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Emulate House of Reps on National Tobacco Control Bill, ERA/FoEN Urges Senate

A coalition of Nigeria health advocacy groups has urged the Senate to ensure a healthier Nigeria by voting to adopt the National Tobacco Control Bill (NTCB) passed by the House of Representatives last week.

The Nigeria Tobacco Control Alliance—led by the Environmental Rights Action/Friends of the Earth Nigeria (ERA/FoEN) and the Civil Society Legislative Advocacy Center (CISLAC)—commended the House of Representatives for passing the NTCB on 23 April with key provisions that will guarantee the wellness of Nigerians, including a ban on single-stick cigarette sales, a requirement for combined picture and text health warnings covering at least 50 per cent of tobacco packs and a ban on tobacco advertising, promotion and sponsorship.

“We commend the House for the passage of this important bill, and we urge the Senate to follow suit to protect the health of all Nigerians, especially our children,” said Akinbode Oluwafemi, Corporate Accountability Director for ERA/FoEN. “By passing this bill, the National Assembly can make the health of Nigerians their legacy.”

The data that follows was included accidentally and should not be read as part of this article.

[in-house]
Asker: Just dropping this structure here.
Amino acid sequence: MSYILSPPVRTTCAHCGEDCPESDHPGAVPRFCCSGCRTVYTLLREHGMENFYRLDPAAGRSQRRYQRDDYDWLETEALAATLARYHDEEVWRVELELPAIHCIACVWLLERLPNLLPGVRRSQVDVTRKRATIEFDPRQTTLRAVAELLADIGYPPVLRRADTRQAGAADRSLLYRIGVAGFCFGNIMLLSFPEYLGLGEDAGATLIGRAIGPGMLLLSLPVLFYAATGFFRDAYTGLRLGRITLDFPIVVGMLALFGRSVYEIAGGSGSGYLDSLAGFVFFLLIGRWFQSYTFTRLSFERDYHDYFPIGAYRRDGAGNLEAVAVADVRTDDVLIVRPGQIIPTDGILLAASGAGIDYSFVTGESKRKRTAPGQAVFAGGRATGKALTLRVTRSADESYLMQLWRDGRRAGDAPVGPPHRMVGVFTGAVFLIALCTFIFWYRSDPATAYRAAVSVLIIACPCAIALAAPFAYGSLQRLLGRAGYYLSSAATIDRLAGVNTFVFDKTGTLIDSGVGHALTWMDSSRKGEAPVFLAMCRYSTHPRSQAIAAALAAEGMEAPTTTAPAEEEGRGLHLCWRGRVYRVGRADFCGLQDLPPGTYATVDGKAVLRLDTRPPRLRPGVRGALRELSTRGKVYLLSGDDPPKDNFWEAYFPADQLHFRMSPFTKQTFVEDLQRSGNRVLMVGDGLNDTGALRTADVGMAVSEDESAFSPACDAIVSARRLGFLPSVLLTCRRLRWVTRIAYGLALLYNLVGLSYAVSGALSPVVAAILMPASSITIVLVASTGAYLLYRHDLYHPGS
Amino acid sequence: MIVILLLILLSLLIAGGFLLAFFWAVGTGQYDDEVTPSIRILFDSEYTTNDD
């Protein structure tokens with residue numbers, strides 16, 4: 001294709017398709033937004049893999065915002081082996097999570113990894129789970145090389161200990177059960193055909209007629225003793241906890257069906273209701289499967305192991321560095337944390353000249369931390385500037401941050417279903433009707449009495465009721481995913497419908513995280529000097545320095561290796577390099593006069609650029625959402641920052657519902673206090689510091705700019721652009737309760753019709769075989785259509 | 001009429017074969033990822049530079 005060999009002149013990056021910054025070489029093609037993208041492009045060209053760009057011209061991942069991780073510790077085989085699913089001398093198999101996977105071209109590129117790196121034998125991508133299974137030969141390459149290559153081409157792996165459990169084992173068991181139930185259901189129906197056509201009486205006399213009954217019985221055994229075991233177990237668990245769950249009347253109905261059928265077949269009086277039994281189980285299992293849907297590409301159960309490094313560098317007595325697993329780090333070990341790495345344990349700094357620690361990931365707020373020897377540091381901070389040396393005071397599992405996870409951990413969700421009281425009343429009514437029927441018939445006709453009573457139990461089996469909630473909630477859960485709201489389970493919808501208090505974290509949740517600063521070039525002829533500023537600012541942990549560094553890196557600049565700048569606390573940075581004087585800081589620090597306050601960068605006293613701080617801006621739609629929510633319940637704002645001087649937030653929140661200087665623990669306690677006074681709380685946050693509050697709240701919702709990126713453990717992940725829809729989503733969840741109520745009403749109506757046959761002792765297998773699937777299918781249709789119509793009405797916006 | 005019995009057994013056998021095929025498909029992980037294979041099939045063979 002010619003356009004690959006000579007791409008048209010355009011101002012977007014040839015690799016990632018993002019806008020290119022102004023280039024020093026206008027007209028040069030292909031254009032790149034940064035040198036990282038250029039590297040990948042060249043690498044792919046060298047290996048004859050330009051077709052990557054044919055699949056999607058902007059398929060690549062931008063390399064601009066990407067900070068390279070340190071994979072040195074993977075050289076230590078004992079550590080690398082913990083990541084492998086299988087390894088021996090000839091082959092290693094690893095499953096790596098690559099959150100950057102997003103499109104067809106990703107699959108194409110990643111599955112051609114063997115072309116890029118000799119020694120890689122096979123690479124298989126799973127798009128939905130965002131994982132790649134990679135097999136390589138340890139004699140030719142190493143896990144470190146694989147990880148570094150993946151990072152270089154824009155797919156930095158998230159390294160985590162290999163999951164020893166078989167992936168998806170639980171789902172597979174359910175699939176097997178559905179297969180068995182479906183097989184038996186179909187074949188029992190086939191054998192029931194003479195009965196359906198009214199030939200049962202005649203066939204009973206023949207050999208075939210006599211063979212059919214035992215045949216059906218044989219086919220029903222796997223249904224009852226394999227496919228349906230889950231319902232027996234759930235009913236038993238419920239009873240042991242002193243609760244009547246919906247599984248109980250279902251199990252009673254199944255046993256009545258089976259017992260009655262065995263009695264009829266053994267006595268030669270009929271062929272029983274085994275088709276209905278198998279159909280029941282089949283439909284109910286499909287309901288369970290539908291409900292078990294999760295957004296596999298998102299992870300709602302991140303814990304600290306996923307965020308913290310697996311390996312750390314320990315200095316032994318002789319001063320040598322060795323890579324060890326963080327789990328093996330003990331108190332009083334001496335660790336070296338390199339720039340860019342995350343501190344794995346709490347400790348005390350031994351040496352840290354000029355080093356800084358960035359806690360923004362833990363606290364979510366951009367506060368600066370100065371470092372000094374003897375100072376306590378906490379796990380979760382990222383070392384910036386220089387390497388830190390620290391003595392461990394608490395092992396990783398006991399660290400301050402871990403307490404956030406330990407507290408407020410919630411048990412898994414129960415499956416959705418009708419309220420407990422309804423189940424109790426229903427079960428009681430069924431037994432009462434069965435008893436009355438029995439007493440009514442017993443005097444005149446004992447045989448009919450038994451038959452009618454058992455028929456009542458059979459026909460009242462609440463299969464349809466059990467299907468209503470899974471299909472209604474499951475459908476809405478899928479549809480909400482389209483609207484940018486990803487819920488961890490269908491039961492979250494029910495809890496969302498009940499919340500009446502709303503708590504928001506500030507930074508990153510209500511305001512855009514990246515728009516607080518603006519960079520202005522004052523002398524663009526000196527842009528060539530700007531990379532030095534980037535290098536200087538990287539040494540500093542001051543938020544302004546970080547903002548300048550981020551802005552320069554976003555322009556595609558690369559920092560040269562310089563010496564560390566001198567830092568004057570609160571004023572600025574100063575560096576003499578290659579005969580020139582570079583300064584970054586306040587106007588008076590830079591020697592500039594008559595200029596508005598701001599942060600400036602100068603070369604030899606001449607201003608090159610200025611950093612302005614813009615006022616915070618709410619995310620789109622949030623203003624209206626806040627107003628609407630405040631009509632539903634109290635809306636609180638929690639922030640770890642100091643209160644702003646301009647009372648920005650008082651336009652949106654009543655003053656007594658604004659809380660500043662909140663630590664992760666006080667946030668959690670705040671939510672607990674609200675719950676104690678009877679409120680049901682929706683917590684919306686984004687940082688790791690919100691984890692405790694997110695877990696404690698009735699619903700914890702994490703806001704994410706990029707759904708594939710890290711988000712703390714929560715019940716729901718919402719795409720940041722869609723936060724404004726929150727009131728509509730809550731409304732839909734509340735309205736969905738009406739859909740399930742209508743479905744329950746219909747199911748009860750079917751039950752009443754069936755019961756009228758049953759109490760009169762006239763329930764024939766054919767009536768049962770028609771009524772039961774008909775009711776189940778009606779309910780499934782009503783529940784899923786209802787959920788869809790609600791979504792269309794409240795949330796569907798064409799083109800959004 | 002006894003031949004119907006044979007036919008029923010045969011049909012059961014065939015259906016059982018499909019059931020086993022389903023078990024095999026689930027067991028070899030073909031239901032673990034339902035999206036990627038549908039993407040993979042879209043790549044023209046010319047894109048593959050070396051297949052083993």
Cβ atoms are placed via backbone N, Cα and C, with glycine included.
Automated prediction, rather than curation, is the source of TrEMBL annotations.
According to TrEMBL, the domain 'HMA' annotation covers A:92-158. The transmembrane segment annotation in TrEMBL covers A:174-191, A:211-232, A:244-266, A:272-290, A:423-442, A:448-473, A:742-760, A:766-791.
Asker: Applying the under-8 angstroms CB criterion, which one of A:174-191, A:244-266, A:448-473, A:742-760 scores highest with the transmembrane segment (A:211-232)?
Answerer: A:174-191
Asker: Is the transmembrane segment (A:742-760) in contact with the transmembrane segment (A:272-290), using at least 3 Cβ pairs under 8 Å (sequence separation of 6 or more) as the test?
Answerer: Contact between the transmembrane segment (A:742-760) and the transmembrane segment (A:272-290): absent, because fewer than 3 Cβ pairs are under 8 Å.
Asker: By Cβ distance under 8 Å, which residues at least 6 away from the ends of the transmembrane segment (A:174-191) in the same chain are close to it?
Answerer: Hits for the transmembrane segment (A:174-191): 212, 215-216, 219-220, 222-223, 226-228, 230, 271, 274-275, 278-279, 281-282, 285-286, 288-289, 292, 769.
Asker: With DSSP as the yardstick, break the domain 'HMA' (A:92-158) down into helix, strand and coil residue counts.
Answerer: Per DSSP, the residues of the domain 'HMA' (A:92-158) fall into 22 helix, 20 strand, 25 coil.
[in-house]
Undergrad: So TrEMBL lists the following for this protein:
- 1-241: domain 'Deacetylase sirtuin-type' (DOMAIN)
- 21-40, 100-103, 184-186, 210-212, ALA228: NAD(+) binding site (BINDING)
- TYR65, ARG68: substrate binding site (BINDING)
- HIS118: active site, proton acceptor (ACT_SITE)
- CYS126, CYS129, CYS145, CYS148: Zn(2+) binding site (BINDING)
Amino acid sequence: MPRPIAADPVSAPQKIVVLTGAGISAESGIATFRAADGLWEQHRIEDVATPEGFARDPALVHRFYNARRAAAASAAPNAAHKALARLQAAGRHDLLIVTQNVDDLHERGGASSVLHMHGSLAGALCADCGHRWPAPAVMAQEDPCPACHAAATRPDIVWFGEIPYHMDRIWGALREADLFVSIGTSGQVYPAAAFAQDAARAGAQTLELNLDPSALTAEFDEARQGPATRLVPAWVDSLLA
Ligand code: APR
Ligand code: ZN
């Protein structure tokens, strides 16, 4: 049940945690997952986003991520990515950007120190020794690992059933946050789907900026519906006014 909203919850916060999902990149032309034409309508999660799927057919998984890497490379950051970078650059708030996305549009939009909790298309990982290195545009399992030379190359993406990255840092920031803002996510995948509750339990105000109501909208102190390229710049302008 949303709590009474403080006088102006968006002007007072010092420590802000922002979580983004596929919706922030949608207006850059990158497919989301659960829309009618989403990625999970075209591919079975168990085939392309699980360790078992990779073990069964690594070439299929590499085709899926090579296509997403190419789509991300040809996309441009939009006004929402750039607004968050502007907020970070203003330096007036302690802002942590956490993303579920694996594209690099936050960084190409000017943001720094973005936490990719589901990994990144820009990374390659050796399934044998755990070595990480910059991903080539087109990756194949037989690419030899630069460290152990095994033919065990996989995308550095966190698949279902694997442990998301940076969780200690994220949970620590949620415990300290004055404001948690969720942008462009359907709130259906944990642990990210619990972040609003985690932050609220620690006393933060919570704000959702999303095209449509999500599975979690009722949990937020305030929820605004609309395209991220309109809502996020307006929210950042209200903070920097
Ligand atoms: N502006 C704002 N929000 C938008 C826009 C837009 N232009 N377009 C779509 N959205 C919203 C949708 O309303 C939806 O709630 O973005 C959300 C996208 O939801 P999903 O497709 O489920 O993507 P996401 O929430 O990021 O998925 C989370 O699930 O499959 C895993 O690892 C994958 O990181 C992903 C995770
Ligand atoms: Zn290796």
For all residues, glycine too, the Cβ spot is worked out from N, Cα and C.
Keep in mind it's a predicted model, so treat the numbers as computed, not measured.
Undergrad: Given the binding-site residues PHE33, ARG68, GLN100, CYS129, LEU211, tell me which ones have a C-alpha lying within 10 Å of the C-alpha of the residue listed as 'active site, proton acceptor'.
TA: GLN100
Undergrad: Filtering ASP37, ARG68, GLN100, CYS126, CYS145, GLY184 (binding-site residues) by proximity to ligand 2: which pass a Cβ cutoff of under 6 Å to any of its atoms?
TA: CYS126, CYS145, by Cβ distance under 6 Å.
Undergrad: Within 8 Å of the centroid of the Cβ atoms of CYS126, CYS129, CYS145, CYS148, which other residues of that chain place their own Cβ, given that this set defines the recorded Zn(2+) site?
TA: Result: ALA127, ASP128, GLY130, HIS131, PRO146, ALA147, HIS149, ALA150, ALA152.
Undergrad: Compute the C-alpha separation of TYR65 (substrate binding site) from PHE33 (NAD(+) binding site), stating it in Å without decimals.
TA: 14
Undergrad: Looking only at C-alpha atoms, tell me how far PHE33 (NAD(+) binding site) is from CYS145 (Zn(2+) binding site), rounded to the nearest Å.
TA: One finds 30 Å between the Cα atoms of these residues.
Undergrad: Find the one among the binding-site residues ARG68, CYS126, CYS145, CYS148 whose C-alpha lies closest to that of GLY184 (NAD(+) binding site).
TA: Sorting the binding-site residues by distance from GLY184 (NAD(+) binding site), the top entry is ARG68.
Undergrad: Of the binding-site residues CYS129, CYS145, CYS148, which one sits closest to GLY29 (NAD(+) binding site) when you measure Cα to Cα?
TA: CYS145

Oluwafemi explained that the Senate should avoid delay or deliberation on separate tobacco-related legislation, as it may result in stalling passage of the NTCB as the National Assembly nears the end of its term.

“Studies show that more than 90 per cent of Nigerians support the important protections against tobacco included in this bill,” said CISLAC Executive Director Auwal Rafsanjani. “Our distinguished Senators have the power to affirm the will of the people by making this bill sail through to final passage, and we urge them to act now to show their leadership on this issue.”

The Senate is expected to take up debate on the NTCB as early as 28 April. If the Senate passes the same bill recently affirmed by the House, the need for a Conference Committee is bypassed, allowing the bill to speed to President Johnathan for signature before his term expires. Delay could impede this process, as hundreds of bills have yet to be considered in the few remaining weeks in the legislative session.

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